Ringo’s opinion also took into account the now-often-forgotten Second Amendment provision relating to a well-regulated militia. The chief justice noted that the qualifier was a clear indicator that the law was not unhindered and “has no immunity that exempts it from all legal regulation and control.” Deputy Justice Townsend Dickinson concurred with Ringo’s view and noted that the law’s emphasis on concealed weapons made it different from the realities of the weapons essential to the functioning of a well-regulated militia.

Meanwhile, dissenting Judge Thomas J. Lacy dodged the militia issue and waved the banner of personal freedom. Claiming that the right to bear arms was based on an individual right to self-defense, he wrote: “I cannot separate the political freedom of the state from the personal rights of its citizens. He added that “the privilege of the people to keep and carry their private arms for the necessary defense of their person… or for any useful or innocent purpose… has always been considered sacred and inviolable”. The trio of opinions offered an impressive sample of legal analyzes of an era in which the nation’s jurisprudential foundations were being laid.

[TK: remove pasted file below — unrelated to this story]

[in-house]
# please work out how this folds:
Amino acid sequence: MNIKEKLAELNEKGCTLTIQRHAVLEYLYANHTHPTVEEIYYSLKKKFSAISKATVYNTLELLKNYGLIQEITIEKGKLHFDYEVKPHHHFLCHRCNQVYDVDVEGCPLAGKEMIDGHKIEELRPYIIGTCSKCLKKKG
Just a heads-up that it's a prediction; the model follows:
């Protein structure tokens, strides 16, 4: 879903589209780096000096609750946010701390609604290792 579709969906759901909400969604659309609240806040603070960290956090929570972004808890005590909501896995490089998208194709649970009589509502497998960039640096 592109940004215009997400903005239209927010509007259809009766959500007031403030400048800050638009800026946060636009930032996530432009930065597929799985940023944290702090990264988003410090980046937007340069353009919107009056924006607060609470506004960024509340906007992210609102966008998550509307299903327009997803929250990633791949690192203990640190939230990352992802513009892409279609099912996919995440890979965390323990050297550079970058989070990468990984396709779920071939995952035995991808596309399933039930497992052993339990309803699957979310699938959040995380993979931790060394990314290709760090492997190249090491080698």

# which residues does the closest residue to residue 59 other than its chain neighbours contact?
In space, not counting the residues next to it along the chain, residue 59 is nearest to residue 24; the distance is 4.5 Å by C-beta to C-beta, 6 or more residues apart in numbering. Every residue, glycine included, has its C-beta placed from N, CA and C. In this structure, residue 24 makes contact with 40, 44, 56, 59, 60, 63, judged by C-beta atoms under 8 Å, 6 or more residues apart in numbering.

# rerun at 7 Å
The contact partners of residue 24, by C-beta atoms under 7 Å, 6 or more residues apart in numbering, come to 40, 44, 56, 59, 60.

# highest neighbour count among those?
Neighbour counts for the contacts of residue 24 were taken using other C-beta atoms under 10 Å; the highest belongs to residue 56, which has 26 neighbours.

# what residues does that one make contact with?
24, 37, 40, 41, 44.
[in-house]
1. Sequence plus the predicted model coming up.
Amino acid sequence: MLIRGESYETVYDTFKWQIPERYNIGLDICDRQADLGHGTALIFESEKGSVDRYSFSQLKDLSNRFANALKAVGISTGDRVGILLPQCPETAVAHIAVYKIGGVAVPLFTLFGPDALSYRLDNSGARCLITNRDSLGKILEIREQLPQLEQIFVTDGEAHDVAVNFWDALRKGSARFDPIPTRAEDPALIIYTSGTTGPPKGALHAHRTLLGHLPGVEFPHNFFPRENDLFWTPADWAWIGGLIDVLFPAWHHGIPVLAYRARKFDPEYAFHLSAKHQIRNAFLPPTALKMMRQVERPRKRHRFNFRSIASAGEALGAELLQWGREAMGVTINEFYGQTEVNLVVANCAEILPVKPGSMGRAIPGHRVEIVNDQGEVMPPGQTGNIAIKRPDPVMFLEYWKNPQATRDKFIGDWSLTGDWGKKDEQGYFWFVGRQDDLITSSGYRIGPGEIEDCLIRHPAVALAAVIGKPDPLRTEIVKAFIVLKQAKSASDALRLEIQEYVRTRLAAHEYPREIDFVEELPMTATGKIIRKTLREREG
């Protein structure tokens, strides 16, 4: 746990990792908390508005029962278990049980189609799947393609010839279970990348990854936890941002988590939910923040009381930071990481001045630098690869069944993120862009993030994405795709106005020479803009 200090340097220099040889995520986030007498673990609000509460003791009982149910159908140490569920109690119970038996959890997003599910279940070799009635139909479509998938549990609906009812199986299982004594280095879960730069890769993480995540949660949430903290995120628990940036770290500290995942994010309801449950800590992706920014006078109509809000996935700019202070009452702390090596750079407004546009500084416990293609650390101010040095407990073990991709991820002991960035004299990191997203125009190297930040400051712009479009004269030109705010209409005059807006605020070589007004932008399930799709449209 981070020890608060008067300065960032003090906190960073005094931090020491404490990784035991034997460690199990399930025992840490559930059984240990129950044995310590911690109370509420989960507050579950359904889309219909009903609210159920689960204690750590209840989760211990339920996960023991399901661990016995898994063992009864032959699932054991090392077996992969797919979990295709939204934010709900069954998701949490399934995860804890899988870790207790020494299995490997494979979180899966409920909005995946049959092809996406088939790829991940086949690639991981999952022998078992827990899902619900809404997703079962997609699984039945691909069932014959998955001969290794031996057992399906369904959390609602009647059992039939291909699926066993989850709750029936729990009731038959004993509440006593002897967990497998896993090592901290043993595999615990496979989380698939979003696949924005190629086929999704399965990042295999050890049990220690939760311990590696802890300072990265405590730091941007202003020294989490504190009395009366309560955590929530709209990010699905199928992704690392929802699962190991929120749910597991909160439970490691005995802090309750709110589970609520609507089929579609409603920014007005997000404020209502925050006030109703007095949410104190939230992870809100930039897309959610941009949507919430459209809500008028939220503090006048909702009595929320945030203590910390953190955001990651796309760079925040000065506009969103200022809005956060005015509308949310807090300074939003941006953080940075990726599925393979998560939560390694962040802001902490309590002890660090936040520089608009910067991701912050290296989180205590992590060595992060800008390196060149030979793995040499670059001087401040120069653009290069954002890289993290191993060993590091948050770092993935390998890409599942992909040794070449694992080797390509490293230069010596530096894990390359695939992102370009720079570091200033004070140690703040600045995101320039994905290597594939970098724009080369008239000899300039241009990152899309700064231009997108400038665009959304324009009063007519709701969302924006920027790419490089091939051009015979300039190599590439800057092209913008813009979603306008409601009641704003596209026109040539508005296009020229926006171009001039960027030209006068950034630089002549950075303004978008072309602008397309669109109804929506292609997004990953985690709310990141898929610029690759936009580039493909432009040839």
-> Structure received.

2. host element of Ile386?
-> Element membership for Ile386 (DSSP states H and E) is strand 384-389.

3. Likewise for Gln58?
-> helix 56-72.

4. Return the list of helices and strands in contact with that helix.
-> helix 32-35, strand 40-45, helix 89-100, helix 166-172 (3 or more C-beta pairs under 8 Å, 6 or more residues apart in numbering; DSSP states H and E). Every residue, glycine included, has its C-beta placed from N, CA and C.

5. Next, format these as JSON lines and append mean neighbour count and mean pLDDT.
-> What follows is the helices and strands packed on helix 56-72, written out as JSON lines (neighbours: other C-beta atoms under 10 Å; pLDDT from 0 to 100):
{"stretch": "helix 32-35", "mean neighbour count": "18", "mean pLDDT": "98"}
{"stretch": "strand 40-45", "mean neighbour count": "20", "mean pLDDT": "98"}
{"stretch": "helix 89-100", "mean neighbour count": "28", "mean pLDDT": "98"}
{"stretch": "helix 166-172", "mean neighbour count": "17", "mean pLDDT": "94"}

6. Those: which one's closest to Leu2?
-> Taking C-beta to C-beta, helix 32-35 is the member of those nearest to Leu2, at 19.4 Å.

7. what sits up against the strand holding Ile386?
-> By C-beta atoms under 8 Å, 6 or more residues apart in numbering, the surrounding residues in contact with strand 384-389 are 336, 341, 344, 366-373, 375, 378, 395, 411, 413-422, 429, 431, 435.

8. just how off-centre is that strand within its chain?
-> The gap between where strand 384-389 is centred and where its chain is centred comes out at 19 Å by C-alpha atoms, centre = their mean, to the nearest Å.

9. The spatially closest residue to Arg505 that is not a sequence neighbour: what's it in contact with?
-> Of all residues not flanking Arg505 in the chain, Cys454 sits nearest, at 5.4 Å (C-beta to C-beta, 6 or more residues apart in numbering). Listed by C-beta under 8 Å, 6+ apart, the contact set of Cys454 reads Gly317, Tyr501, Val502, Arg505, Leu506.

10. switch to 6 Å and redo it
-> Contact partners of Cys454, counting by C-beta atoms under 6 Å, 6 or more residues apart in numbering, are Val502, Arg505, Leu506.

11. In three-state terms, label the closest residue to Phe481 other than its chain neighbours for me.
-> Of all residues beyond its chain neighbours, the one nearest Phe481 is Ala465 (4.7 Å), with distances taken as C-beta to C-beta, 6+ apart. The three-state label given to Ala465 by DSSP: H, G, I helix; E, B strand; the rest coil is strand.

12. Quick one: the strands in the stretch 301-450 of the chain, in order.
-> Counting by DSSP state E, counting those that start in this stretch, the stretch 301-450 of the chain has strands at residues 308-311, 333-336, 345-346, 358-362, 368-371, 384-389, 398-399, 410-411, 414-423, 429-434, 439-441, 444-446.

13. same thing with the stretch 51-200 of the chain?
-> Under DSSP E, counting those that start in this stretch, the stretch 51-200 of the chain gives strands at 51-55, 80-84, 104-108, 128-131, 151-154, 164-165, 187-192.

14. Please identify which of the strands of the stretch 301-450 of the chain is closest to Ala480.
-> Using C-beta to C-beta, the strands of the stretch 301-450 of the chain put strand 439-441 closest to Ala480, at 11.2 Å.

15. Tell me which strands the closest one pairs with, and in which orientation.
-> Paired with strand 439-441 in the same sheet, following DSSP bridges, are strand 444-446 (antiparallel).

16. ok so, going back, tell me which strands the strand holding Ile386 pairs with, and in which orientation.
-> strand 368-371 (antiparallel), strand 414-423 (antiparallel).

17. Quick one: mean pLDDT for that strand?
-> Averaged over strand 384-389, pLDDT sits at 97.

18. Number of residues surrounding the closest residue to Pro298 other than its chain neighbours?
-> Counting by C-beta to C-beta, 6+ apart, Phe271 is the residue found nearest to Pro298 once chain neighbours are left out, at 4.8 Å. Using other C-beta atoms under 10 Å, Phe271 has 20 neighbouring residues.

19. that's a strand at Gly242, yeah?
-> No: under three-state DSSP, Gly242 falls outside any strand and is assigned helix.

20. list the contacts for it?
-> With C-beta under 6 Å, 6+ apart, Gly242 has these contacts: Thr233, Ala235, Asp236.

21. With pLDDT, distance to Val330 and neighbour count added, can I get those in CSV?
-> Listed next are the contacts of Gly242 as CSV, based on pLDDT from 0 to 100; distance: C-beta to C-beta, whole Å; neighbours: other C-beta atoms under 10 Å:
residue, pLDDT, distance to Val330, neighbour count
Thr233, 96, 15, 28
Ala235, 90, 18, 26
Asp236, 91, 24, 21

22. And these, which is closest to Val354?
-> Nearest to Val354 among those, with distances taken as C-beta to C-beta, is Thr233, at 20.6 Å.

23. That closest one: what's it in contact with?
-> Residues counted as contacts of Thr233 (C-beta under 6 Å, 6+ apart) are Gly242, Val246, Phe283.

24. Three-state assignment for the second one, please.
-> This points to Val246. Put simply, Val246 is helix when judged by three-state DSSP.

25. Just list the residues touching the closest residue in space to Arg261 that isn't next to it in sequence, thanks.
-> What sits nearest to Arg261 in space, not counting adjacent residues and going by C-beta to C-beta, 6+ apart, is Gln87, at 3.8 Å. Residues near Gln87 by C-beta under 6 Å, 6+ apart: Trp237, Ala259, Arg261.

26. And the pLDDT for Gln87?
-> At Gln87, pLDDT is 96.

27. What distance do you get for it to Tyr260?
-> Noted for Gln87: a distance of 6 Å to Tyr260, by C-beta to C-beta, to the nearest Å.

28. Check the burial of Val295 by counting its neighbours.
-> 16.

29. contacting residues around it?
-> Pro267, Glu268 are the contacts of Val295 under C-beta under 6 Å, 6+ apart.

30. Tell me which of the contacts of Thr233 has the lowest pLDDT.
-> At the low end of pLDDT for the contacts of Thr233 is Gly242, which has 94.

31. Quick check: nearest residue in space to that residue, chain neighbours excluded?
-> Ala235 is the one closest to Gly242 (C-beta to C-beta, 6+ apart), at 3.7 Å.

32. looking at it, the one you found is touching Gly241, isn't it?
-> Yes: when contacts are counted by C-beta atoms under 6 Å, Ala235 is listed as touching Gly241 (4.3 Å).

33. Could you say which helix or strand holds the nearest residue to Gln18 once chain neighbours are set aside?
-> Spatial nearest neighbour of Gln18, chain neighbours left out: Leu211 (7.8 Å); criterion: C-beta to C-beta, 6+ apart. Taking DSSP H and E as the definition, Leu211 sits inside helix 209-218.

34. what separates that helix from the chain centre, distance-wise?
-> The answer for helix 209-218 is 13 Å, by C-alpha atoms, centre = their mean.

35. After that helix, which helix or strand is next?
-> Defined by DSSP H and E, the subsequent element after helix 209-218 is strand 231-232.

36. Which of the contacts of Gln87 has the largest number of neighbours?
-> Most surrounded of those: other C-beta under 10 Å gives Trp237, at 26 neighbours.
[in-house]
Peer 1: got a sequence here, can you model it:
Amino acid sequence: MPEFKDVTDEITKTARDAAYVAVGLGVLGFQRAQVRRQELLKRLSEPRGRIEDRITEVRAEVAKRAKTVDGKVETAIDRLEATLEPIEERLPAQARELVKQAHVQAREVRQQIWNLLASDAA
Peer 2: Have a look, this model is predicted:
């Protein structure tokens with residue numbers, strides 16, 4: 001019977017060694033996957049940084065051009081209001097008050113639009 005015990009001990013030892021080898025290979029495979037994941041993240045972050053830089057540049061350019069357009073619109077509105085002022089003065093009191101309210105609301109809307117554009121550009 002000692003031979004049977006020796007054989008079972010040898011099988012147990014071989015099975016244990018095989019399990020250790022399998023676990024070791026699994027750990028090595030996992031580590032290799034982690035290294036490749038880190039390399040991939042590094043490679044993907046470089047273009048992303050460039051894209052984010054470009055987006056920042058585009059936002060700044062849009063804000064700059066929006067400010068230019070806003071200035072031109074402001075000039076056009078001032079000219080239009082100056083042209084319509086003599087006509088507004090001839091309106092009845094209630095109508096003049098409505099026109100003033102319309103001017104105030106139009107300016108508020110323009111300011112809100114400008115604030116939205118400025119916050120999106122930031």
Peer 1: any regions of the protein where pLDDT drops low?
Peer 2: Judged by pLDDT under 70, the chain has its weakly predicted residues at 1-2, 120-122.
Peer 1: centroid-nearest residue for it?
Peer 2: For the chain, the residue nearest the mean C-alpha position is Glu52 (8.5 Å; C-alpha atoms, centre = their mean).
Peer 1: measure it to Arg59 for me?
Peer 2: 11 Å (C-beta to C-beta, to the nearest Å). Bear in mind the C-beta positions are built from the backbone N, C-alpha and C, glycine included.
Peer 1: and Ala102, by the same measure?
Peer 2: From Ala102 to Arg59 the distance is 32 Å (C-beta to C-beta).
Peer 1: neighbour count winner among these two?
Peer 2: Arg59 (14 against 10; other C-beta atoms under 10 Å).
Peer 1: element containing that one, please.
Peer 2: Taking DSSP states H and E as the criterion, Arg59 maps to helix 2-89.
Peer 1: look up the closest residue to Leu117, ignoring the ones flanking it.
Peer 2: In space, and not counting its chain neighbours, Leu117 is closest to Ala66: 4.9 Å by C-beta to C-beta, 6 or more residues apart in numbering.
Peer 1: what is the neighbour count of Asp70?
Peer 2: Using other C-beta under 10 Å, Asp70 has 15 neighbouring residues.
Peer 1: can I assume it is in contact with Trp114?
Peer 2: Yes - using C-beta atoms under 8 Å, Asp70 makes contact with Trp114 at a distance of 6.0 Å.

All of this came to my mind earlier this spring when Arkansas lawmakers jumped on the bandwagon, joining other equally ill-informed state legislatures in trying to pass a law that limit state compliance with federal firearms laws. These efforts have raised serious questions about the judgment of elected state officials and added fuel to the fire for advocates for increased civic education in American schools. So how did we come to this?